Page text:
Venture off the well-trodden tourist path and make time to visit the Praga district just over the river from Warsaw’s old town. The area was once avoided due to its crime rates but is now becoming popular with artists and hipsters. Coffee shops and street art are popping up everywhere along with industrial redevelopments taking place. It is still pretty gritty but is becoming a cool place to be. Could it become Warsaw’s Brooklyn?
The stunning neogothic Koneser Praga Centre is now home to the Polish Vodka Museum which opened last month. The historic distillation and rectification plant once housed the Koneser Vodka factory which produced several flagship brands. The national drink for the Polish and loved around the world, here you can learn all about the production of Vodka. Visitors can understand the importance of vodka on Poland’s history, tradition and culture through displays using the latest technology and a virtual laboratory of a medieval alchemist. You can also admire the label designs through the ages. Tickets cost 40zl (approx. £8) and there also several training courses for cocktail making, food pairing with Vodka and learning more about the history of Polish Vodka. Book in advance to guarantee a place. Visit http://muzeumpolskiejwodki.pl/en/plan-your-visit/ for more details.
Next on the list is the Soho Factory. Stroll around 20 minutes south from the Polish Vodka Museum and you will find this trendy and vibrant space which has been transformed from a dilapidated set of buildings once used to house weapons and motorbike factories. Attracting an arty crowd with low rents, it is full of art galleries, museums, restaurants and trendy shops. The Neon Museum is worth a visit. An array of Cold War-era signs in dazzling neon from across Poland can be appreciated here. Designed by great artists as part of a revolution and used for state propaganda. Tickets cost 12zl (Approx. £3). Visit http://www.neonmuzeum.org/pages/about.html for more details.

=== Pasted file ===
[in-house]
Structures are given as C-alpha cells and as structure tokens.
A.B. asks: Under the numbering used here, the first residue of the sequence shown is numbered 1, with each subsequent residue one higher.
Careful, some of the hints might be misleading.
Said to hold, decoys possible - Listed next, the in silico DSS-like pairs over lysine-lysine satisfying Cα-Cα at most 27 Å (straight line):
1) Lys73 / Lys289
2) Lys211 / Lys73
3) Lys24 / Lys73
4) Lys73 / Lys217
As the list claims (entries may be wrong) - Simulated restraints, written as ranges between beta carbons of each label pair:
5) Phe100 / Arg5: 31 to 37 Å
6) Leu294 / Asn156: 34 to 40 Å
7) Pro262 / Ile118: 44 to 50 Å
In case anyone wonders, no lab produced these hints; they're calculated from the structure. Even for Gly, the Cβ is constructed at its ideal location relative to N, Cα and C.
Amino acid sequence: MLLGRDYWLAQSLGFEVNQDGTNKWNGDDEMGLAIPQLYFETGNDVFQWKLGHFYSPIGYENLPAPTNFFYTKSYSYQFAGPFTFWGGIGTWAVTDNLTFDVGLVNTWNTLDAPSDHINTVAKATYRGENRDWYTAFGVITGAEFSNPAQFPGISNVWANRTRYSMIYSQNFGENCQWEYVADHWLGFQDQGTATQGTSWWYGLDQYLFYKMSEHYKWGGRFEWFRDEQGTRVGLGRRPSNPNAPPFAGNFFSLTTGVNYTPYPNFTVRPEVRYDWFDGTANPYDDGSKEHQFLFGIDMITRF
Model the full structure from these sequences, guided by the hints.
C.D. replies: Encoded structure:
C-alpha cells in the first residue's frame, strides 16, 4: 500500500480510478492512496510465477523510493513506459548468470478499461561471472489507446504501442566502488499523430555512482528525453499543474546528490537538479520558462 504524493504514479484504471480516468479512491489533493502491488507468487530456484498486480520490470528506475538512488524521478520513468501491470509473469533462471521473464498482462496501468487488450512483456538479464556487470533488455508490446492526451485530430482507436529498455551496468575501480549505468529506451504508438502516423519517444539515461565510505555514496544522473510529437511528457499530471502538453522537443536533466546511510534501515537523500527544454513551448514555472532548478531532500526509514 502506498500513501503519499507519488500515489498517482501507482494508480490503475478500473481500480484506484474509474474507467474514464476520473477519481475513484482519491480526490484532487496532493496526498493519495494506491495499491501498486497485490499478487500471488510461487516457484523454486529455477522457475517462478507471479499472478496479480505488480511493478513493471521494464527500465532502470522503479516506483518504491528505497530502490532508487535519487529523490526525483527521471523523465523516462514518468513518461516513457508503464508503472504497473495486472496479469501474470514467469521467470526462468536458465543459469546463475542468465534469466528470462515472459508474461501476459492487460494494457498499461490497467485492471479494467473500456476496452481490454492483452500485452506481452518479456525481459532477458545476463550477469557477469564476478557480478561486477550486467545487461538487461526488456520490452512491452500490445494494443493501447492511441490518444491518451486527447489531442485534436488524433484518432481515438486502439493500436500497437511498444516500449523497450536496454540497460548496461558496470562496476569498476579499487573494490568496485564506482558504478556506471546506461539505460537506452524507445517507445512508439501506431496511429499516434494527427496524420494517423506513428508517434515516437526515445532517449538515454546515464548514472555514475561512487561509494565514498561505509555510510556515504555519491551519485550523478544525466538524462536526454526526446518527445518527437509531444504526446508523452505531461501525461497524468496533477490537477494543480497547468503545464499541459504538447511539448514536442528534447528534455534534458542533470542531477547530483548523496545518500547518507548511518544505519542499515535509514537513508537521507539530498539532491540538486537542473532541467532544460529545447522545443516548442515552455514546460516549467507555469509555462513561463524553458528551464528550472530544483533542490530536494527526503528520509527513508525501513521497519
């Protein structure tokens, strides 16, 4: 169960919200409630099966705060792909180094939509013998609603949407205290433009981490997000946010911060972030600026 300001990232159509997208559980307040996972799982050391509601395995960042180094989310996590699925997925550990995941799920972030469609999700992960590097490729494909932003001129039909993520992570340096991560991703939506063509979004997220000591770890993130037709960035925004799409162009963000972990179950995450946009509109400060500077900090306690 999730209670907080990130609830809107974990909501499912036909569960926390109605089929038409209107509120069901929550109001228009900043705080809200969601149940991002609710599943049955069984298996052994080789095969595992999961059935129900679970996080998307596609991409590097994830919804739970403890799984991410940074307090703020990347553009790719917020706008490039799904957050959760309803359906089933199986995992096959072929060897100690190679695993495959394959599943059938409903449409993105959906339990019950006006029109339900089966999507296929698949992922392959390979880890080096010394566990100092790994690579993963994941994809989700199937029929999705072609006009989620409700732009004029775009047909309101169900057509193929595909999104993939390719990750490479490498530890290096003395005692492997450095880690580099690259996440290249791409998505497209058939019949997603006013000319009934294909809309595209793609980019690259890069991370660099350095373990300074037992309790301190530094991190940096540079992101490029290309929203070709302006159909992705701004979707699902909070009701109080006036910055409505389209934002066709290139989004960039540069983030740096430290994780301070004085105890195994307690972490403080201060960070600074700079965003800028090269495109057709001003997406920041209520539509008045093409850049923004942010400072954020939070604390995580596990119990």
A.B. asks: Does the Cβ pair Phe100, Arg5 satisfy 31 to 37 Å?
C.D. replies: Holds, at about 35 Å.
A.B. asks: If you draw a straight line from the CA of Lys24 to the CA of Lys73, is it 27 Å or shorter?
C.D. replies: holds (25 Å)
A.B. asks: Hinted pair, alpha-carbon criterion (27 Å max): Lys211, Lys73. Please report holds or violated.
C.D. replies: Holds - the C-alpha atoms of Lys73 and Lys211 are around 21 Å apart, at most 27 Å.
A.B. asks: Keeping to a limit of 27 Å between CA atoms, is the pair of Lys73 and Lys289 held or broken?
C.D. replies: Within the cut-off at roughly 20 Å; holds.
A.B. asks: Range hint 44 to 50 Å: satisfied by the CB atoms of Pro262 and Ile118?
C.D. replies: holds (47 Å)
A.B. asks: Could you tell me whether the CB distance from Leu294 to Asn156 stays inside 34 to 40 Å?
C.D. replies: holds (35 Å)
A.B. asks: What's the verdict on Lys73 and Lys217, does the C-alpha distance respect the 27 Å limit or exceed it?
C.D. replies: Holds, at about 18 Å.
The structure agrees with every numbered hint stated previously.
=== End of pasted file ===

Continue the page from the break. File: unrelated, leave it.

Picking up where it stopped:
The first Museum to be opened on the right bank is Muzeum Warszawskiej Pragi. If you are keen to learn more about the history and people of this part of Warsaw, it is a great place to spend a few hours. Tickets cost 15zl (approx. £3.50) and admission on Thursdays is free. Visit http://muzeumpragi.pl/en/ for more details.
Still too grimy and crumbling for some and certainly not the polished streets you will find across the river but make the trip and you might just catch a glimpse of the real Warsaw and feel the heart of the people making this such a vibrant and interesting place to be.